When Surgeries Go Wrong

Undergoing any surgical procedure involves a mix of hope and fear. We hope for the best because the surgery is a necessary means to a desirable outcome — whether fixing a health problem or a cosmetic issue — but we fear that something could go wrong. Even for the most routine operations, accidents can and do happen, and that risk only increases in trickier cases. While the chances of a botched surgery is rare when compared to the vast number of successful ones, sometimes they go wrong in spectacular fashion.

Take the case of an Army veteran named Glenford Turner. The 61-year-old Connecticut resident alleged that a surgeon performing a prostatectomy on him in 2013 left behind a scalpel in his abdomen somewhere between his rectum and bladder. The man lived with pain in his abdomen for the next four years until an MRI for an unrelated issue in 2017 revealed the problem. The magnetic force of the machine caused the scalpel to move and cause excruciating pain, forcing the technician to halt the scan and call for an investigation. The lawsuit states that a surgeon trainee from the VA who had performed the robot-assisted laparoscopic procedure in 2013 failed to follow-up with a simple and standard X-ray to make sure no instruments were left behind.

Botched surgeries aren’t limited to the United States, of course. In the U.K., a woman underwent an operation in 2014 to help her with a bowel disorder, but without her consent, the surgeon decided to also remove her healthy ovaries. When the woman, Lucinda Methuen-Campbell, asked her surgeon why he did this, he told her that they were “in the way.” Because of the emotional and physical trauma related to this incident, Methuen-Campbell committed suicide in 2018.

When Jennifer Melton delivered a healthy baby boy in December of 2015, the hospital performed an unneeded frenulectomy on him, a procedure that clips away the tissue under the tongue that connects it to the floor of the mouth. For some babies, if this tissue is too tight, it can hinder breastfeeding. When the woman was informed that they were going to operate, the new mother told them that her baby had no problem breastfeeding, but the hospital went forward with it anyway. Though the doctor said the baby would be fine, a frenulectomy can cause problems with eating and speech later in life.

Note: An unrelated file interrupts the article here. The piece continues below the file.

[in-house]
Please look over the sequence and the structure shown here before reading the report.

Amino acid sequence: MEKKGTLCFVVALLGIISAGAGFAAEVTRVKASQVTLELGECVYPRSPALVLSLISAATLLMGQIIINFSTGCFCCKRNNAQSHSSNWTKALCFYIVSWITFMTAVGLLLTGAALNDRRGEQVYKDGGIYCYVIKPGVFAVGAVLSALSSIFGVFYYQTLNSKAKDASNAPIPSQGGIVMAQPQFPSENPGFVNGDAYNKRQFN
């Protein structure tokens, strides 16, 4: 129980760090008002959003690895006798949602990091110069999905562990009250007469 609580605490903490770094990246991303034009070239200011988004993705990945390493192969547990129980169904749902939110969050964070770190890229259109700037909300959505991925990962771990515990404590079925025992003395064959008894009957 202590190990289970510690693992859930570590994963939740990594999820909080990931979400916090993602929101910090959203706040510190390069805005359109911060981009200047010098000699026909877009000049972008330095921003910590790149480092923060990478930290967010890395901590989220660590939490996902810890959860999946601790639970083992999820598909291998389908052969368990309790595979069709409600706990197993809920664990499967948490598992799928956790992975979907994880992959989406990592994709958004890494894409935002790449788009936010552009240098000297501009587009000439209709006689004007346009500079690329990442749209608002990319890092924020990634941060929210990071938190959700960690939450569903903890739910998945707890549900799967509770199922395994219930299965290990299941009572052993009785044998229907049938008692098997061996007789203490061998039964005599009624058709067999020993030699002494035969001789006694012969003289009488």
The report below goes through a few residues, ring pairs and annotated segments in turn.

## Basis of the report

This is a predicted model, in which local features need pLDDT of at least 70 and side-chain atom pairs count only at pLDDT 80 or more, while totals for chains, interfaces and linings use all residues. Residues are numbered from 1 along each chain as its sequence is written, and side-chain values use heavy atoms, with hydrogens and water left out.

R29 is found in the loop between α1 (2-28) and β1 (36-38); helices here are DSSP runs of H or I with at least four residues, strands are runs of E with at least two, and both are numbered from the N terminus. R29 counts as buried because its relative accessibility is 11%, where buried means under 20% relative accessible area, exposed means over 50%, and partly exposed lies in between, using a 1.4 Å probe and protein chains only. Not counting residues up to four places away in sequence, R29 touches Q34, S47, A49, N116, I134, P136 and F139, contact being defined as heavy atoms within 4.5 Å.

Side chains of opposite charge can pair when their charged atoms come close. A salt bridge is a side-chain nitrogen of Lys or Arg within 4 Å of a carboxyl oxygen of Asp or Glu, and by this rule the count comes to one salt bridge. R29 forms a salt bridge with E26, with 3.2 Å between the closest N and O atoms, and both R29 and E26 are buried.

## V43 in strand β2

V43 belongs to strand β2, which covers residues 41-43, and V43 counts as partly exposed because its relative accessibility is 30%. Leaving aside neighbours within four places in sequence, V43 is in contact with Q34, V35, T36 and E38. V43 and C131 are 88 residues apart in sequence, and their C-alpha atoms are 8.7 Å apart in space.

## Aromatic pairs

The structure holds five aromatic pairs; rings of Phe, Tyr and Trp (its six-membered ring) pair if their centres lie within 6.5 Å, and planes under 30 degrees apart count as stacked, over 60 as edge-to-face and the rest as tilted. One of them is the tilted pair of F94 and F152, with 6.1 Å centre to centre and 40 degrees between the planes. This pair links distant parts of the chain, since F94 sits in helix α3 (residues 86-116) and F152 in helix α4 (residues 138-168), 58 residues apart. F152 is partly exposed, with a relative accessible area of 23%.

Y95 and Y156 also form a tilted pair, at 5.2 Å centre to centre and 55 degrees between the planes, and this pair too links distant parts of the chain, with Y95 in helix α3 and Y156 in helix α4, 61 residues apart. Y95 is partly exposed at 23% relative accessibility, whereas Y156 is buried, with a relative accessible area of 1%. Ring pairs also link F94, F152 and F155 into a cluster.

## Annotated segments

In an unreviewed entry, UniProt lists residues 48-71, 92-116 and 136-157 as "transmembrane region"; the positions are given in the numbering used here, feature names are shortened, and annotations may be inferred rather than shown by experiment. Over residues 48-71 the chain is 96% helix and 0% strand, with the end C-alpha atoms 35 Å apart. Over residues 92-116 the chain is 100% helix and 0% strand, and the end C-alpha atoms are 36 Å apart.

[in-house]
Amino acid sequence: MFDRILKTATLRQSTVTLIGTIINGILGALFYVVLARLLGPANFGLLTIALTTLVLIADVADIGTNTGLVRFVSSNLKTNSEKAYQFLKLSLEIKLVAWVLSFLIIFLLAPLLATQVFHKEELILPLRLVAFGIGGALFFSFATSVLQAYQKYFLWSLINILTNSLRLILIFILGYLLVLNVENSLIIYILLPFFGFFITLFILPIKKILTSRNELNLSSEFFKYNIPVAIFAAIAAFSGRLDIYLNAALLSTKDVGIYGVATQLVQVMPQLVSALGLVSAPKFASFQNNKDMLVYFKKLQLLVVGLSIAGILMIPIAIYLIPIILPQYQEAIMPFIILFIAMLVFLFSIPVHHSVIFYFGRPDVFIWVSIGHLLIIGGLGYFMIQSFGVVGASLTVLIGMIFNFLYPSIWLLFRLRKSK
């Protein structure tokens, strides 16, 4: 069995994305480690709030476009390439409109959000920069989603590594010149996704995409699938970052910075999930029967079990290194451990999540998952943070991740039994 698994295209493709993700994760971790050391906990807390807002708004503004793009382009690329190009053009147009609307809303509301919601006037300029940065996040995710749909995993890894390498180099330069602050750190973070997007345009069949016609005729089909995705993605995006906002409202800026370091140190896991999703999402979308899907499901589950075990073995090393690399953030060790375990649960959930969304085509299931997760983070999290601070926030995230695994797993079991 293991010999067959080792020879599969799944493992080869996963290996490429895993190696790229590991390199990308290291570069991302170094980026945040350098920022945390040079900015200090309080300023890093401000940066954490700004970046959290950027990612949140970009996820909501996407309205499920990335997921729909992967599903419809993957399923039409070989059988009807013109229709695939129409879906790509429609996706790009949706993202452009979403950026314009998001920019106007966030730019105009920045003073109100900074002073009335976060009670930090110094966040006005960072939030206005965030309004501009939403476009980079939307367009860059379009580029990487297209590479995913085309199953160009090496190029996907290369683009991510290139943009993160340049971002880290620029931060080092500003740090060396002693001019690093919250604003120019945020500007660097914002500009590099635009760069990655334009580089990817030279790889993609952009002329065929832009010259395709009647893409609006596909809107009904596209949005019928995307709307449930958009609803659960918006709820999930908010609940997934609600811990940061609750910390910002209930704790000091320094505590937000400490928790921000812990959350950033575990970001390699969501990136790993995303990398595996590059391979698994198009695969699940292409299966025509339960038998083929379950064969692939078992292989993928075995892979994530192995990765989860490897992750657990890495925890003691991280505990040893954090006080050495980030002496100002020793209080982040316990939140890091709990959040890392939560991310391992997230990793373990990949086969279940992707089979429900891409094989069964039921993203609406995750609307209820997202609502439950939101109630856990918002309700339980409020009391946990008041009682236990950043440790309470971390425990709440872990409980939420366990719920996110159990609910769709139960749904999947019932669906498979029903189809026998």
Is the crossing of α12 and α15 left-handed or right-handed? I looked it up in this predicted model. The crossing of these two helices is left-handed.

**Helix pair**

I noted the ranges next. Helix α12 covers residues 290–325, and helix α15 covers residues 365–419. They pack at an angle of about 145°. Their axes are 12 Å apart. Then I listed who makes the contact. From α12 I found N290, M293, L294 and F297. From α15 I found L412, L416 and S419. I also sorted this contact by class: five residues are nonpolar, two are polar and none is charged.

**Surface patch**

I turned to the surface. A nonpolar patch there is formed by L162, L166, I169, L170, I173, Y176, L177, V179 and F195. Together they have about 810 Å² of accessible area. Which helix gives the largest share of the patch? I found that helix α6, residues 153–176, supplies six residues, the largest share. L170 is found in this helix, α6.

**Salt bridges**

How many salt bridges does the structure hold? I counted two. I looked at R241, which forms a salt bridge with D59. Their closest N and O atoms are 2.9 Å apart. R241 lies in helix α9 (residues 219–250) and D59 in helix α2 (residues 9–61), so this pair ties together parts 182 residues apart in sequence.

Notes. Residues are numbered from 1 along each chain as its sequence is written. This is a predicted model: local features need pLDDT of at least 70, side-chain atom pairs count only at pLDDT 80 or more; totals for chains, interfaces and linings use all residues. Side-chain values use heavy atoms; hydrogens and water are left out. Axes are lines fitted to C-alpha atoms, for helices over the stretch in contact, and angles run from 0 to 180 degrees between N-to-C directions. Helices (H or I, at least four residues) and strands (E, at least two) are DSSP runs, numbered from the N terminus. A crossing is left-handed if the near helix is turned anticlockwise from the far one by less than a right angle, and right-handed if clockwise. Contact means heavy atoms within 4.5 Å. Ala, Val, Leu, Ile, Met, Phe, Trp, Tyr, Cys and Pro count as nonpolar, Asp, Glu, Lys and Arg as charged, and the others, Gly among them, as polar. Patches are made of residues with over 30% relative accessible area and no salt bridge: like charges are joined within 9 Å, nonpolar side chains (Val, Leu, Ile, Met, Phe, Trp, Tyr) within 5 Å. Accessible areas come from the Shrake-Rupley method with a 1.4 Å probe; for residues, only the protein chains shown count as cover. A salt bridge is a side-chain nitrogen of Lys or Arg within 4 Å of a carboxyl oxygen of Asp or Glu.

Some surgeons have a history of botched operations. A neurosurgeon in Texas named Christopher Duntsch was charged with assault for all the damage he had done to patients between 2012 and 2013. In one case, he left a sponge inside a patient, and in another, he operated on the wrong side of the patient’s spine. Determining who’s to blame for a wrong-site surgery can be a matter of investigation, but in this case, it appears to have been the surgeon.

You shouldn’t hold on to irrational fear when entering any surgical procedure, but you should know the possible outcomes and be prepared. Consult with your doctor to understand the risks, and in doing so, you’ll be able to assess his or her ability to deliver on promises.